13 January 2021

The Emperor and the Bible

Brazil is unusual among western-hemispheric nations for having begun as a constitutional monarchy, sharing this status with only Canada and a few Caribbean island states. There was no Simon Bolivar or George Washington for Brazilians. Rather the king of Portugal, Dom João VI, appointed his son Dom Pedro I, to rule Brazil in his stead while he returned the Portuguese throne to Lisbon after a period of exile during Napoleon's occupation of the Iberian peninsula. In his father's absence, Pedro declared Brazil an independent empire under his own rule in 1822. When Pedro abdicated the imperial throne in 1831, his son, Dom Pedro II, took his place and reigned for decades until he was ousted in 1889 following his abolition of slavery the previous year.

The Emperor's name comes up in this story: O imperador Dom Pedro II e seu amor pela Bíblia (Emperor Dom Pedro II and his Love for the Bible). The Emperor attended one of D. L. Moody's revival meetings in New York in 1876, responding affirmatively, but silently, to his message. This quotation has been attributed to the Emperor:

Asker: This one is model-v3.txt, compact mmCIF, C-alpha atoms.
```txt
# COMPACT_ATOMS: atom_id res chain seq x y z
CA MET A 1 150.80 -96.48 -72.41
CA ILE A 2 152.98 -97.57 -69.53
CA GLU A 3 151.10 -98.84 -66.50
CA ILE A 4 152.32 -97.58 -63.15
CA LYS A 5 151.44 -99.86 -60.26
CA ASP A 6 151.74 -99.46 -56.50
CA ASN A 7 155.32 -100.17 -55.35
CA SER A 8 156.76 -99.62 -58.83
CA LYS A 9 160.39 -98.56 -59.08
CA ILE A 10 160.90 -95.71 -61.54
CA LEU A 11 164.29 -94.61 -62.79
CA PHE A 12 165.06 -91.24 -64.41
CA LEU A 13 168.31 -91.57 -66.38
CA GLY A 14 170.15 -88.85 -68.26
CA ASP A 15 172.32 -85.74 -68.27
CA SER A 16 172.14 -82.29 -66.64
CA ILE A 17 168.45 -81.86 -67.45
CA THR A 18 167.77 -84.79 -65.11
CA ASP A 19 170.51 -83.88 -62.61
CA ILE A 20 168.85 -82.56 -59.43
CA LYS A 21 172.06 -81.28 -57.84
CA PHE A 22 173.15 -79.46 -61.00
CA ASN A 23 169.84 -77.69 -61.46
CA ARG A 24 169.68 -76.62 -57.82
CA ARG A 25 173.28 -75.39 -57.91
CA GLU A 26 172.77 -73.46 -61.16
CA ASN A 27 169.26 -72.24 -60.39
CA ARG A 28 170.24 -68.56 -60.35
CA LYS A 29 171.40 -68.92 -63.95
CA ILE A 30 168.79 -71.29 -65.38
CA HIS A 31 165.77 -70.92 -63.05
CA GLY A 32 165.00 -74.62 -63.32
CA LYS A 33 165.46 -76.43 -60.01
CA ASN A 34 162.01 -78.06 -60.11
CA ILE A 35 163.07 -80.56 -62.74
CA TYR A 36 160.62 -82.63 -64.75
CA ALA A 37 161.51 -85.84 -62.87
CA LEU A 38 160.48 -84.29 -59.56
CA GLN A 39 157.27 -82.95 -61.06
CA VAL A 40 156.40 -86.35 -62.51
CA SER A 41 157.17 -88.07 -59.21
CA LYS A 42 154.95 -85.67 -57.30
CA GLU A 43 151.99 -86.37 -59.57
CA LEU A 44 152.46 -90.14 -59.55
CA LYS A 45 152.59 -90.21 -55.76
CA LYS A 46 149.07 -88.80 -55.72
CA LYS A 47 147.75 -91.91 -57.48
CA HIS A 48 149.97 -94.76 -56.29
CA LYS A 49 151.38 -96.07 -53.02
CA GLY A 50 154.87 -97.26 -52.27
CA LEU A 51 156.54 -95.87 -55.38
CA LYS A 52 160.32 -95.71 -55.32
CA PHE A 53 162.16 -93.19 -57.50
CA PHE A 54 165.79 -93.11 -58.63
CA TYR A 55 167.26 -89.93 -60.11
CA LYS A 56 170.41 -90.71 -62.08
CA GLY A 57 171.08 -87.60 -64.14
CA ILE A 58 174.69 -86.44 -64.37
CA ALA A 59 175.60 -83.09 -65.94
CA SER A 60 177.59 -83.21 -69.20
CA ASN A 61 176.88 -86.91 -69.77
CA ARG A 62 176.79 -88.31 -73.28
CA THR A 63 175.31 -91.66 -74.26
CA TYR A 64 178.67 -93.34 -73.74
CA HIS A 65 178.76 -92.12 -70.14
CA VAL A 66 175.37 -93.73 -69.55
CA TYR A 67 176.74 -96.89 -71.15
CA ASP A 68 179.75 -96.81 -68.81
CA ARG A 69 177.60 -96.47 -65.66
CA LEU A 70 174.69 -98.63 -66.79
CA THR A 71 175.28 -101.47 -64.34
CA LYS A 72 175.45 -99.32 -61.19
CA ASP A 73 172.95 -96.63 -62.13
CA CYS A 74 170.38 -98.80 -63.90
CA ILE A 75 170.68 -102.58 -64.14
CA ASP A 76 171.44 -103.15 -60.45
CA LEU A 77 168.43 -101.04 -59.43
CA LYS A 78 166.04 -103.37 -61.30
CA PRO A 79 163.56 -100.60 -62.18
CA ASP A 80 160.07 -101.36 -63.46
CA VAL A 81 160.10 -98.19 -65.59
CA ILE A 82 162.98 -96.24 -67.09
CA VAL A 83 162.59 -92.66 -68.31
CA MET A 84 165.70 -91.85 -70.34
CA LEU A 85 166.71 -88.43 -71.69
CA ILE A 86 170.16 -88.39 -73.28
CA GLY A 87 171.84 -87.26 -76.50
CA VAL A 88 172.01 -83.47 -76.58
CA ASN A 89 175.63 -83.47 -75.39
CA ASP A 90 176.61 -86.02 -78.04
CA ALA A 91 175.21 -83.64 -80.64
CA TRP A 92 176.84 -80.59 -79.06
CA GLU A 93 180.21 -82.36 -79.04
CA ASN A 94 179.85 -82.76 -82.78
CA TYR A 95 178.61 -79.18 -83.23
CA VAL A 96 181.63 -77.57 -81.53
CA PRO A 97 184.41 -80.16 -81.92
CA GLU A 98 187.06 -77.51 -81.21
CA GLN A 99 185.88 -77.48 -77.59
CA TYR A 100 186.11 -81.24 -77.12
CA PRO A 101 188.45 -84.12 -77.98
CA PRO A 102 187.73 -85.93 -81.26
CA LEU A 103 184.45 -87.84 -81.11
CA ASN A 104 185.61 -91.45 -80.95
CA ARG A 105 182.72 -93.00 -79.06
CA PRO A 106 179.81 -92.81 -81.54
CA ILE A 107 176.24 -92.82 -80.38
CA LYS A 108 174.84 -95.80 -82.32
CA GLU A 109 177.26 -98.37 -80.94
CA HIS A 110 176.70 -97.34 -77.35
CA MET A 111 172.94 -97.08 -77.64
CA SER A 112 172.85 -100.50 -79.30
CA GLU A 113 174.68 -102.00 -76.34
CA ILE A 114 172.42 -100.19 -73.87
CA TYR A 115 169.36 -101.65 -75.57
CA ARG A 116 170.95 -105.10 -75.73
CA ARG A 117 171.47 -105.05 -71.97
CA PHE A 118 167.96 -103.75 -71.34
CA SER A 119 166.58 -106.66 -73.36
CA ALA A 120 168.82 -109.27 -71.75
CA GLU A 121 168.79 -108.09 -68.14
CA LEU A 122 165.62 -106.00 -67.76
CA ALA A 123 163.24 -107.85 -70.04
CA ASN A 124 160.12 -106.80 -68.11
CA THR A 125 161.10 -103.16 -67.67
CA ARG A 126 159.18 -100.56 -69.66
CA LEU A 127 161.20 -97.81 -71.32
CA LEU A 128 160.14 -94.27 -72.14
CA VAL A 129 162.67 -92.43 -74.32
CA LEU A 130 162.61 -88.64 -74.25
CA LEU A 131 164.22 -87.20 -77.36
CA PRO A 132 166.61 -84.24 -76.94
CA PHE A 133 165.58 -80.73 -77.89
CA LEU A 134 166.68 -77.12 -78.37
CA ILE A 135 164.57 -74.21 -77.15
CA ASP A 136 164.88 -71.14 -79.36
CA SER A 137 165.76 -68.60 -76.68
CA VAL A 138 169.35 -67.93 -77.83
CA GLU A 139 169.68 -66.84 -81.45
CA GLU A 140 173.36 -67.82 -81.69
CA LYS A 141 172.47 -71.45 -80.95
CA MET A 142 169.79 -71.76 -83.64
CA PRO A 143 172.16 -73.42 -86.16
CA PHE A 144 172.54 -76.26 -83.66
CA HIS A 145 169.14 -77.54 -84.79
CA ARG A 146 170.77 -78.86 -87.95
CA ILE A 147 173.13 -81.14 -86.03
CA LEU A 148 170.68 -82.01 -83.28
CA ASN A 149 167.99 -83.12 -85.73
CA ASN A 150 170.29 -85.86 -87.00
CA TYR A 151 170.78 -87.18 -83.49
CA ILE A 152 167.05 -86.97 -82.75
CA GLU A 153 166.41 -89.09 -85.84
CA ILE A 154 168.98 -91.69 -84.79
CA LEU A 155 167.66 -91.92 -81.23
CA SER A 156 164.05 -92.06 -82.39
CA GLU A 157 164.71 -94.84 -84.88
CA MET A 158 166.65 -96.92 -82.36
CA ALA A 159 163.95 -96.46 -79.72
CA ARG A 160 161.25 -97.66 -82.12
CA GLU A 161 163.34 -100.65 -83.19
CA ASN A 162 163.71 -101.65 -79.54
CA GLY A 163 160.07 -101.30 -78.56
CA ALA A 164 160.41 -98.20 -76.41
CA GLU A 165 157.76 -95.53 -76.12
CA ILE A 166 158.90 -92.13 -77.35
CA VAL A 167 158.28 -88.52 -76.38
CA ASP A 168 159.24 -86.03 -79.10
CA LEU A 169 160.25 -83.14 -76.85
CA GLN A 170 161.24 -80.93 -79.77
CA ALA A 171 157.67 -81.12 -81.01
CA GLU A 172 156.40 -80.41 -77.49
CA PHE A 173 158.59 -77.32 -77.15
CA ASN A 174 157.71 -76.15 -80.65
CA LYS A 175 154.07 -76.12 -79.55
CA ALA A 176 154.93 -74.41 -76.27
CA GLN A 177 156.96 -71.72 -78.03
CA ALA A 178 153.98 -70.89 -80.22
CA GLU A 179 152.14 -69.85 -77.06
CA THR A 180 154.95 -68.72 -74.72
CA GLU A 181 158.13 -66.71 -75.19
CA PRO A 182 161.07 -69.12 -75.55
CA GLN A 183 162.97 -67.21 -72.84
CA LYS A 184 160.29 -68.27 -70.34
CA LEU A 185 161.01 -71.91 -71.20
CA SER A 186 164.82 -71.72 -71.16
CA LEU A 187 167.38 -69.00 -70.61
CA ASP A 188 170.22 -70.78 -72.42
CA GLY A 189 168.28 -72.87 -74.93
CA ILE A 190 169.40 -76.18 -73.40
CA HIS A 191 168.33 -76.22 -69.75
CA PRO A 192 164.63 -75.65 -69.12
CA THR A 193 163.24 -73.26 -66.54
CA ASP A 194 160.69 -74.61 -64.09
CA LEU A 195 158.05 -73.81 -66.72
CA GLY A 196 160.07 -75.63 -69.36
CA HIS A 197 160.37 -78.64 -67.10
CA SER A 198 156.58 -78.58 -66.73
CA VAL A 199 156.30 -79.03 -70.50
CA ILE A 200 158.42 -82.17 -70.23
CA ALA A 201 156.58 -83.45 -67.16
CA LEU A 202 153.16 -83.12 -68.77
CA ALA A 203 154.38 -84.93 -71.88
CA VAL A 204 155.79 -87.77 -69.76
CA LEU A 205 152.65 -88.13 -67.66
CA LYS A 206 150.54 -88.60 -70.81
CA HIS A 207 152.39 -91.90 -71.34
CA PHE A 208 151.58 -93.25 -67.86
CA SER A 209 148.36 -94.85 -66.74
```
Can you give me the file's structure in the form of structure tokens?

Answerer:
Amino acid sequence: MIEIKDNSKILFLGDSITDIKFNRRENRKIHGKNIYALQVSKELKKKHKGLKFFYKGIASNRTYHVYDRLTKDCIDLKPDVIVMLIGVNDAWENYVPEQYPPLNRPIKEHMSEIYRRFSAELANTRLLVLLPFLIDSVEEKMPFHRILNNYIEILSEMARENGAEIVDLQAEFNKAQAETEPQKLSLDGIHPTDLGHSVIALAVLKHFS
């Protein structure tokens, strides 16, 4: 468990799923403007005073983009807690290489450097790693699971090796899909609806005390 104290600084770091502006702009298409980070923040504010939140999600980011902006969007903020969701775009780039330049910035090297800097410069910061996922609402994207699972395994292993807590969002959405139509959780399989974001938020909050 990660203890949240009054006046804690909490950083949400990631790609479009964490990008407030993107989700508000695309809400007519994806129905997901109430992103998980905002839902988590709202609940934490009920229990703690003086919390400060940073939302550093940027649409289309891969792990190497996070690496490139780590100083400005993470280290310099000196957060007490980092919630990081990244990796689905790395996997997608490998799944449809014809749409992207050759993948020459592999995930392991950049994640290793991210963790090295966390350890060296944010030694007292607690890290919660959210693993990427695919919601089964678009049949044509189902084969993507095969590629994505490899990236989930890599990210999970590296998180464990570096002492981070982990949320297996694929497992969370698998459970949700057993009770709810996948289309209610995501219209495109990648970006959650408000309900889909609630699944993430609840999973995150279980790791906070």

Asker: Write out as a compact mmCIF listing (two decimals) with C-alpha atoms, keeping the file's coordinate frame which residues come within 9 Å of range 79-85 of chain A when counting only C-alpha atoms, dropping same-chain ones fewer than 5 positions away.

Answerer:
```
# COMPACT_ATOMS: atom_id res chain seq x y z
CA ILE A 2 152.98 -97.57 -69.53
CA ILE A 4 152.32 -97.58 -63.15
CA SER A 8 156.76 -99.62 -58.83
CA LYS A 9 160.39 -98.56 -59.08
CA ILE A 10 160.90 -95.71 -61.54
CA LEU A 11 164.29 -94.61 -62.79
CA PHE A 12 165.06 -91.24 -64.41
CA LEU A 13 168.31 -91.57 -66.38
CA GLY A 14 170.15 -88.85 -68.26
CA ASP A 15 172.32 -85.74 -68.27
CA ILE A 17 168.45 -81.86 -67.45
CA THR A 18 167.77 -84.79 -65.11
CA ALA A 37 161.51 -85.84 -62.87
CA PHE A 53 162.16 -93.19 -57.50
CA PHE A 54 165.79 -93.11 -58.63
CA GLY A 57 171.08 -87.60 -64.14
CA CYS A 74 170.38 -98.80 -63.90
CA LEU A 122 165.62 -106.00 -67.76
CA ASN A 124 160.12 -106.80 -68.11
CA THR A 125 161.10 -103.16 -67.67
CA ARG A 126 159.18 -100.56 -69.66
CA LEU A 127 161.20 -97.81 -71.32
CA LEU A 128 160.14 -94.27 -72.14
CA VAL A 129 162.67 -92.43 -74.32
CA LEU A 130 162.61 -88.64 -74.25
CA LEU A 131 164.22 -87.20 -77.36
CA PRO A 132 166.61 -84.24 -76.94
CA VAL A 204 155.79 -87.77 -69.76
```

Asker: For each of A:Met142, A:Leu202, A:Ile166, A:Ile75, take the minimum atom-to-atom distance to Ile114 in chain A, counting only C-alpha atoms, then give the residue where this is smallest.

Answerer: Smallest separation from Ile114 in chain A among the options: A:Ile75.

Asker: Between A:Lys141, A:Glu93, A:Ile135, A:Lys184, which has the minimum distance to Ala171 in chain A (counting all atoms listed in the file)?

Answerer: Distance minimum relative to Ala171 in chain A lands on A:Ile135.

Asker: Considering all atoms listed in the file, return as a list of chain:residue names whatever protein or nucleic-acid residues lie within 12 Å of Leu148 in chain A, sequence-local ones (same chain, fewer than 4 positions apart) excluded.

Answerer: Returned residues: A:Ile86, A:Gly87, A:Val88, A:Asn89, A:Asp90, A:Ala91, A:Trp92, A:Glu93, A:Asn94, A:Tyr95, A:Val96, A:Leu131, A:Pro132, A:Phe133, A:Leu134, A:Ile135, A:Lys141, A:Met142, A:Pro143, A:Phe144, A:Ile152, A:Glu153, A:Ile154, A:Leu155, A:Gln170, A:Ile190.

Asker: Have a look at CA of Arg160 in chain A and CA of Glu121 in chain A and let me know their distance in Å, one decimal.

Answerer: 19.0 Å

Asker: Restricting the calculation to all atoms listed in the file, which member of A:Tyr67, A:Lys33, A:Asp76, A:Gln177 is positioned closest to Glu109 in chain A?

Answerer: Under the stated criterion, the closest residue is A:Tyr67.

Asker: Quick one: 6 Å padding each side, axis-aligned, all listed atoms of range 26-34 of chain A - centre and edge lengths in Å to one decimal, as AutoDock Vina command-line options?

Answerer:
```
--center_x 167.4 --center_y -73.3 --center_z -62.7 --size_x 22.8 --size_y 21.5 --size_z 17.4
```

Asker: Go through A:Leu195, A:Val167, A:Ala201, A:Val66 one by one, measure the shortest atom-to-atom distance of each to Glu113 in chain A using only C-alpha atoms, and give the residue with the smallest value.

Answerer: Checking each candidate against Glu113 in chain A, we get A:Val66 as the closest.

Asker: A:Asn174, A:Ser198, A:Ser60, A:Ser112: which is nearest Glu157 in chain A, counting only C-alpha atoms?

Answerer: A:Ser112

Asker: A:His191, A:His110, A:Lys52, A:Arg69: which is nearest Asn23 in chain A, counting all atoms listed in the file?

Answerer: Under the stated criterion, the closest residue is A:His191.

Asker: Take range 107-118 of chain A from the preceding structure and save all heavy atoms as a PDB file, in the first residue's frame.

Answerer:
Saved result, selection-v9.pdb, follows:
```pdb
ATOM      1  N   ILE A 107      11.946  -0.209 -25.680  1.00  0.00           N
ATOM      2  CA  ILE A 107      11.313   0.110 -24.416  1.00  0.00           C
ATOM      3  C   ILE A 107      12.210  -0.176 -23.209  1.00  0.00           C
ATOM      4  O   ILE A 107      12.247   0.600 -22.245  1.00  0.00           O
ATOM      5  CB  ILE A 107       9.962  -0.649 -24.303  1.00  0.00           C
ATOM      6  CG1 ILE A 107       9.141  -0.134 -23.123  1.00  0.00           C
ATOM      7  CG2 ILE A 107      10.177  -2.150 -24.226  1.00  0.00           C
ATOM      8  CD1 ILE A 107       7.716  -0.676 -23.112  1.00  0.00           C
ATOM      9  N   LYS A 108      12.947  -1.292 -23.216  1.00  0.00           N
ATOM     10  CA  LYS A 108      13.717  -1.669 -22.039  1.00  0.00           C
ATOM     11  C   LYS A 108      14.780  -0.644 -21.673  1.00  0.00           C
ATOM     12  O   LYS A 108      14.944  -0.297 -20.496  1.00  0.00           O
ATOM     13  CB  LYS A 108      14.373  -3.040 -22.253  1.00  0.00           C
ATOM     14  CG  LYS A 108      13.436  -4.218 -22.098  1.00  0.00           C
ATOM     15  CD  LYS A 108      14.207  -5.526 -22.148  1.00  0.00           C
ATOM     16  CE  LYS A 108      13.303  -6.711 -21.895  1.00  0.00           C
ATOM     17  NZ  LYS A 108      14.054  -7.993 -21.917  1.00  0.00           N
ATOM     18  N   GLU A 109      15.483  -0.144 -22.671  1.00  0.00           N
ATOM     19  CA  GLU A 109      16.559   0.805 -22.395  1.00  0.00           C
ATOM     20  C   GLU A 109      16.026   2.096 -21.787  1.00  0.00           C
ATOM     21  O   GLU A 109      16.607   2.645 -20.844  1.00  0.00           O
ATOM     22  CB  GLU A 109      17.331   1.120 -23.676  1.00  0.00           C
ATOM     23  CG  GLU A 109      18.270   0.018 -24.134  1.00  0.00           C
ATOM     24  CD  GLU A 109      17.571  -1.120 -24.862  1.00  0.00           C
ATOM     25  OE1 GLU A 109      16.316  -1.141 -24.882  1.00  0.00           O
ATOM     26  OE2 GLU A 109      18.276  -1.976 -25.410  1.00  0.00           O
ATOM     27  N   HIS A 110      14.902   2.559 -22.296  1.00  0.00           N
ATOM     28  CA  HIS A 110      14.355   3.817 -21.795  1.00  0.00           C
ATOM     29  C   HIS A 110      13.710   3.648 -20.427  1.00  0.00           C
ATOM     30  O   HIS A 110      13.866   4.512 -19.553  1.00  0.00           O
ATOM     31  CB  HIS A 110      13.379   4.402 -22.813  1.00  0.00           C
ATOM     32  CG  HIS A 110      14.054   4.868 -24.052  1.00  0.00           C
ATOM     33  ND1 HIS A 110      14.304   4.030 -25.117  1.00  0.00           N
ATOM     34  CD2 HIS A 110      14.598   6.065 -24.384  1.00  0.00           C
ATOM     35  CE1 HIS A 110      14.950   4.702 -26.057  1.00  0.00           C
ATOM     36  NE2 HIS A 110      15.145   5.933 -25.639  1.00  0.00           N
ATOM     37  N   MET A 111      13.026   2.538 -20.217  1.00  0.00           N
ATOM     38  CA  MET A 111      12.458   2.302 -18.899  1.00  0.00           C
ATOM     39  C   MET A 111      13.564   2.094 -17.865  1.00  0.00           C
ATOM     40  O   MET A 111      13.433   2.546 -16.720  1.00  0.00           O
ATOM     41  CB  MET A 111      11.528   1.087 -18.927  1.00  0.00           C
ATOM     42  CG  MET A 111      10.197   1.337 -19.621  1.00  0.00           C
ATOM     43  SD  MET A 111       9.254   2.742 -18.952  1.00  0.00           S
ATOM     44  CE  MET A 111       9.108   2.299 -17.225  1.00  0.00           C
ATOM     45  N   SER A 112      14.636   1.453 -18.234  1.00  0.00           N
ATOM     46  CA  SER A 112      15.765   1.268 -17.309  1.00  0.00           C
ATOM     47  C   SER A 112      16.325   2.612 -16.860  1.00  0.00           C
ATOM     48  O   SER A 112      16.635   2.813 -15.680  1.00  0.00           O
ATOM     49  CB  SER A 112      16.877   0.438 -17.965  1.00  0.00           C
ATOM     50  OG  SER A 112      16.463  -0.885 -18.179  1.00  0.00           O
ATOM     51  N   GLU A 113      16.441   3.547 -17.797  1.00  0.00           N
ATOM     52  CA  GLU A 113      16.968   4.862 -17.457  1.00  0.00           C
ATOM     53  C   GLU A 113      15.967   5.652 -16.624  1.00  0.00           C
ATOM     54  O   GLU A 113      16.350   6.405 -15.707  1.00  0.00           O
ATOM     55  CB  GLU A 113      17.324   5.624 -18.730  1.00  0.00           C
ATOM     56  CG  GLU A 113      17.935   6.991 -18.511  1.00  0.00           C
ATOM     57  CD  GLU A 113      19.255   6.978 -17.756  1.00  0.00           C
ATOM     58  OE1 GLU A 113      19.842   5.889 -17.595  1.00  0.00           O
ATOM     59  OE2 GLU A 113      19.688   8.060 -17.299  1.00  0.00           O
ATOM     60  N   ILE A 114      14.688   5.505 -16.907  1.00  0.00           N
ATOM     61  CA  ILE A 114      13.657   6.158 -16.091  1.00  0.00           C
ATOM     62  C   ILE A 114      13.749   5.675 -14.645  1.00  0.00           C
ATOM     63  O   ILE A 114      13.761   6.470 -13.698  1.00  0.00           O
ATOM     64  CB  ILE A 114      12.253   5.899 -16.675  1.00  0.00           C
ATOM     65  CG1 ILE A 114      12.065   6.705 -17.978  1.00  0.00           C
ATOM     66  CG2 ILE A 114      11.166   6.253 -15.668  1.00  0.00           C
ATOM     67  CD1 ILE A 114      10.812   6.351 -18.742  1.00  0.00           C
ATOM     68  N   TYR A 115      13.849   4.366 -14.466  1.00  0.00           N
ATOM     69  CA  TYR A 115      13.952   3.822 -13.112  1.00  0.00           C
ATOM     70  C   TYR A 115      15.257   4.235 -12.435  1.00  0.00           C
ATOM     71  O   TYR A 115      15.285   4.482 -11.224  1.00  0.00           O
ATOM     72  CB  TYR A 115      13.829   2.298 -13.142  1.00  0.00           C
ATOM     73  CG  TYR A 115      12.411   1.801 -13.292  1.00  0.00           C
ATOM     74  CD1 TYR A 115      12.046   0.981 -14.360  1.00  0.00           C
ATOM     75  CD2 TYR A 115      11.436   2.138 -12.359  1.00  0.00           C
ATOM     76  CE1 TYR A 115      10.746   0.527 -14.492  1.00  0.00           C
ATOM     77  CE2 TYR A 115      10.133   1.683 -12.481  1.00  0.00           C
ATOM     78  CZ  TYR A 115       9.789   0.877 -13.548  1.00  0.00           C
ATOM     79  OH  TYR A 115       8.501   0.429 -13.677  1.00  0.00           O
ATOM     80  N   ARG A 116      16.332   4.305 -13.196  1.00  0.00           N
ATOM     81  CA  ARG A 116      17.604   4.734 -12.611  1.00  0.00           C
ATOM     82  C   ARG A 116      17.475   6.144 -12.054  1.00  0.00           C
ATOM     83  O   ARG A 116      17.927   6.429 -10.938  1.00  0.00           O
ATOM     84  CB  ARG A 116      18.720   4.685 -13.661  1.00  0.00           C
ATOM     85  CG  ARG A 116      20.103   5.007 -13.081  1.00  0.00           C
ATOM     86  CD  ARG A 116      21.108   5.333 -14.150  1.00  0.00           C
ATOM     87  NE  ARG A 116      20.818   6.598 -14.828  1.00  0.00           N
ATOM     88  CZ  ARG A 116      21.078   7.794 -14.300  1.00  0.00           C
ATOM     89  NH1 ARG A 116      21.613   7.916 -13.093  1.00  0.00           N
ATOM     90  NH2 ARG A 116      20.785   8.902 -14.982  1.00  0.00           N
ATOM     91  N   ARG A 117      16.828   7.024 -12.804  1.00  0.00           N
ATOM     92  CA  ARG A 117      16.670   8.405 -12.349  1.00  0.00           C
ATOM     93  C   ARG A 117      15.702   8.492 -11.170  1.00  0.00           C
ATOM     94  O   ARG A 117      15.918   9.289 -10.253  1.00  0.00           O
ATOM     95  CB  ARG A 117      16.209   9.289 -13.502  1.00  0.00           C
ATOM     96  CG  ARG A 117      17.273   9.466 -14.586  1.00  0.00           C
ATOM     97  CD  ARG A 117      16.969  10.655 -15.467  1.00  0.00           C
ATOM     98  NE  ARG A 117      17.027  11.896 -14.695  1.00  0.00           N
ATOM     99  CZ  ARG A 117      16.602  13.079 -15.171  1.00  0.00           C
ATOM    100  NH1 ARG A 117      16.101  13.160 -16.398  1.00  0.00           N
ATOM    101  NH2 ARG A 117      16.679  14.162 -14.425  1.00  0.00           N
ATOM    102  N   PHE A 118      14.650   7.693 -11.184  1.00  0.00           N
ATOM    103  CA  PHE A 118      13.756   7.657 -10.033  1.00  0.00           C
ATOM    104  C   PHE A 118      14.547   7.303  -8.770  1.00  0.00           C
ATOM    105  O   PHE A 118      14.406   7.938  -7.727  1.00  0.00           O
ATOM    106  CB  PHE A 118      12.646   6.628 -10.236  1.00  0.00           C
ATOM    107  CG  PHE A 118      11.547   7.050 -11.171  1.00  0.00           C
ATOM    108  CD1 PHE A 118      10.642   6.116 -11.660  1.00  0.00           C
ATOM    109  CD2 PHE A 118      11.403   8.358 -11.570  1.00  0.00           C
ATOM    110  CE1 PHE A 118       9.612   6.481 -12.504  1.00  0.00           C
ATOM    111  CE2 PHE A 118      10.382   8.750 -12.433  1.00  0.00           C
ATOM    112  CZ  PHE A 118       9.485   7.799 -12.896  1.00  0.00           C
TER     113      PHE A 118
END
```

I love the Bible, I read it every day and the more I read it the more I love it. There are some who don't like the Bible. I don't understand them. I can't comprehend such people, but I love it. I love its simplicity and I love its repetitions and reiterations of the truth. As I said, I read it daily and each time I do so I like it more.

12 January 2021

Cultural dysfunction and public policy

I have a new post at Kuyperian Commentary: Cultural dysfunction and public policy. The first paragraph: